I have nothing for you. Maybe it's worse when your team is good, and there is the hope of winning. If you'll notice, fans of desolate, perpetually forlorn carrion wagons like Kentucky football or tragedians like Ole Miss fans don't hold up cups to their faces, clutch their eyes, and try to literally vomit their sorrow into a Coke cup after losing by six goals on their home turf. Brazil fans do, because shame has a prerequisite: the standard, or the notion that you will be somewhere that is not crying so hard you have to compress yourself into some kind of ball to keep from shattering into a thousand tiny pieces.
No, kid, I think something's broken in you. You will never, ever cry like this over a Brazil game, ever, ever again. You might have a dog die, and you'll cry like this over that. You might hear a song that blindsides you emotionally, and have a good long shudder in your car while strangers awkwardly avoid meeting your eyes in traffic. I cried like this once over a game: In 1985, when I was nine, and went to see Georgia/Georgia Tech in Atlanta, and didn't even really understand the concept of football or how games really worked, and just went along with the fever pitch of the people I was with until I realized that I had made a very, very unfortunate choice. I had gone with Georgia people, who looked up at the end of the game and saw 20-16, Georgia Tech over Georgia.
And like a baby who looks around the room, sees someone crying, and who then begins to weep sympathetically, I broke down crying to the point where the people I was with stopped crying, and then began to consider leaving my emotionally fractured self on the sidewalk on North Avenue. (My father certainly considered it, at least.) I didn't go to another football game, at least another college football game, for nine years. When Auburn beat us five games later, I was nine years old again, and looking for a cup, and then remembering where I'd felt his horrible before, and how badly I needed something to fix it that wouldn't arrive for at least six days, and still wouldn't totally blot out the nausea and instant vertigo of loss.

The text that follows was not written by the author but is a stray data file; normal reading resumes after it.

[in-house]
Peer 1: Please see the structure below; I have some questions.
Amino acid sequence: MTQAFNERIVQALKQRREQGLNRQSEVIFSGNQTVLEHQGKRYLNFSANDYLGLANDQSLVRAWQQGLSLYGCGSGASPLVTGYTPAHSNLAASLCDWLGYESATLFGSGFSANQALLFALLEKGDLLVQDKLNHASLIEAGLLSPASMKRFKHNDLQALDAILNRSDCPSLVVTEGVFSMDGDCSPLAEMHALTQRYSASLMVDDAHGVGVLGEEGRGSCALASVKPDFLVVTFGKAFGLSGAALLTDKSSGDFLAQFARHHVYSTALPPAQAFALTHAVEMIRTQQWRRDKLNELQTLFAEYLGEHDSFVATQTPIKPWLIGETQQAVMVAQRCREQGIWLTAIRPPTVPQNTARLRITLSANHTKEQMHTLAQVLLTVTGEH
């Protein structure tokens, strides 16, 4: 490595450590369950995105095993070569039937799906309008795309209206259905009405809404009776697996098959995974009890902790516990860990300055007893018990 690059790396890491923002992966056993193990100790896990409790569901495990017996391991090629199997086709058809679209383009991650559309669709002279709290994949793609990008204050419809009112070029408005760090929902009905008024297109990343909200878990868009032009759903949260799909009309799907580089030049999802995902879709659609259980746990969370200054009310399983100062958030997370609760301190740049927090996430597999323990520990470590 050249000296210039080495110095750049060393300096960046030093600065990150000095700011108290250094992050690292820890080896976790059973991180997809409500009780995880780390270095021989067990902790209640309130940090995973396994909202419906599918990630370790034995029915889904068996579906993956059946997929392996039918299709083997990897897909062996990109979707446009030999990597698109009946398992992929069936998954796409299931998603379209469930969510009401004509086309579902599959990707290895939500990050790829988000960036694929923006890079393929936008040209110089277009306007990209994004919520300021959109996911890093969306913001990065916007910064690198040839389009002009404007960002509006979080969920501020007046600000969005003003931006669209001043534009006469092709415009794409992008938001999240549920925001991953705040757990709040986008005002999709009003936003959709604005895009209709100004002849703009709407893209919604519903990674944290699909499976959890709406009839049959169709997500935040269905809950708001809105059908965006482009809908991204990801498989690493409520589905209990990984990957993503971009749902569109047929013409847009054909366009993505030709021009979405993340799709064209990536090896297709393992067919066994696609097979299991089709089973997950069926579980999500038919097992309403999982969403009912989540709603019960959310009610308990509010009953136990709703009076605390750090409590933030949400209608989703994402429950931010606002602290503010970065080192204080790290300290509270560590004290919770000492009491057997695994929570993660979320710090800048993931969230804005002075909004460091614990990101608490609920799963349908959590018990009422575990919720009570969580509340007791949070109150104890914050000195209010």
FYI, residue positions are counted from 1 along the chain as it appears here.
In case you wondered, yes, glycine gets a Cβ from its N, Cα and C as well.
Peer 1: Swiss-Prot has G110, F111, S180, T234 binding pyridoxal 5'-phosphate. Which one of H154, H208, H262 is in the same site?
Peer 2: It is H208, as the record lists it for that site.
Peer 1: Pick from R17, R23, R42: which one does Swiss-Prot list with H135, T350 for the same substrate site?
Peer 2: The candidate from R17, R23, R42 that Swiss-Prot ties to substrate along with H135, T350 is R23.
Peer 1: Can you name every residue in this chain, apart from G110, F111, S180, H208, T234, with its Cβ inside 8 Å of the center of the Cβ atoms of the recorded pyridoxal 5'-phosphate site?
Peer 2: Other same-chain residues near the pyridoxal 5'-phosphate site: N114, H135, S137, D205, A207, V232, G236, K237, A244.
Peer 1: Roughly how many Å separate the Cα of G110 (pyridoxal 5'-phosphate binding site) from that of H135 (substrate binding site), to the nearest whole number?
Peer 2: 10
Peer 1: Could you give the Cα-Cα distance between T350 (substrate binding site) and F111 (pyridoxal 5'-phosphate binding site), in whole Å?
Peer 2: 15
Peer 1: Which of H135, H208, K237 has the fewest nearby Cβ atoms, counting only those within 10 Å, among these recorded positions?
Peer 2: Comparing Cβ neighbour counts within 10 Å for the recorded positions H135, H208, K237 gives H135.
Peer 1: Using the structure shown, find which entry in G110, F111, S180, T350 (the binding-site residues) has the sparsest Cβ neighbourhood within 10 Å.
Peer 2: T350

Every time you lose in grandiose fashion, kid, you will feel like a copy of a copy of the previous person, and then replicate the process on down through whatever horrid series of woodsheds life drags your team through on the way. I wish I could say it gets better, and how it'd be nice if a goddamn game couldn't reduce you being a disintegrating ball of nine-year old emotions at any age. The only consolation is that the copies get fainter over time, and get better at hiding in the dark of the page.
P.S. You're broken now, and the only thing that will fix it is the thing that broke you in the first place.
P.P.S. Welcome to the club.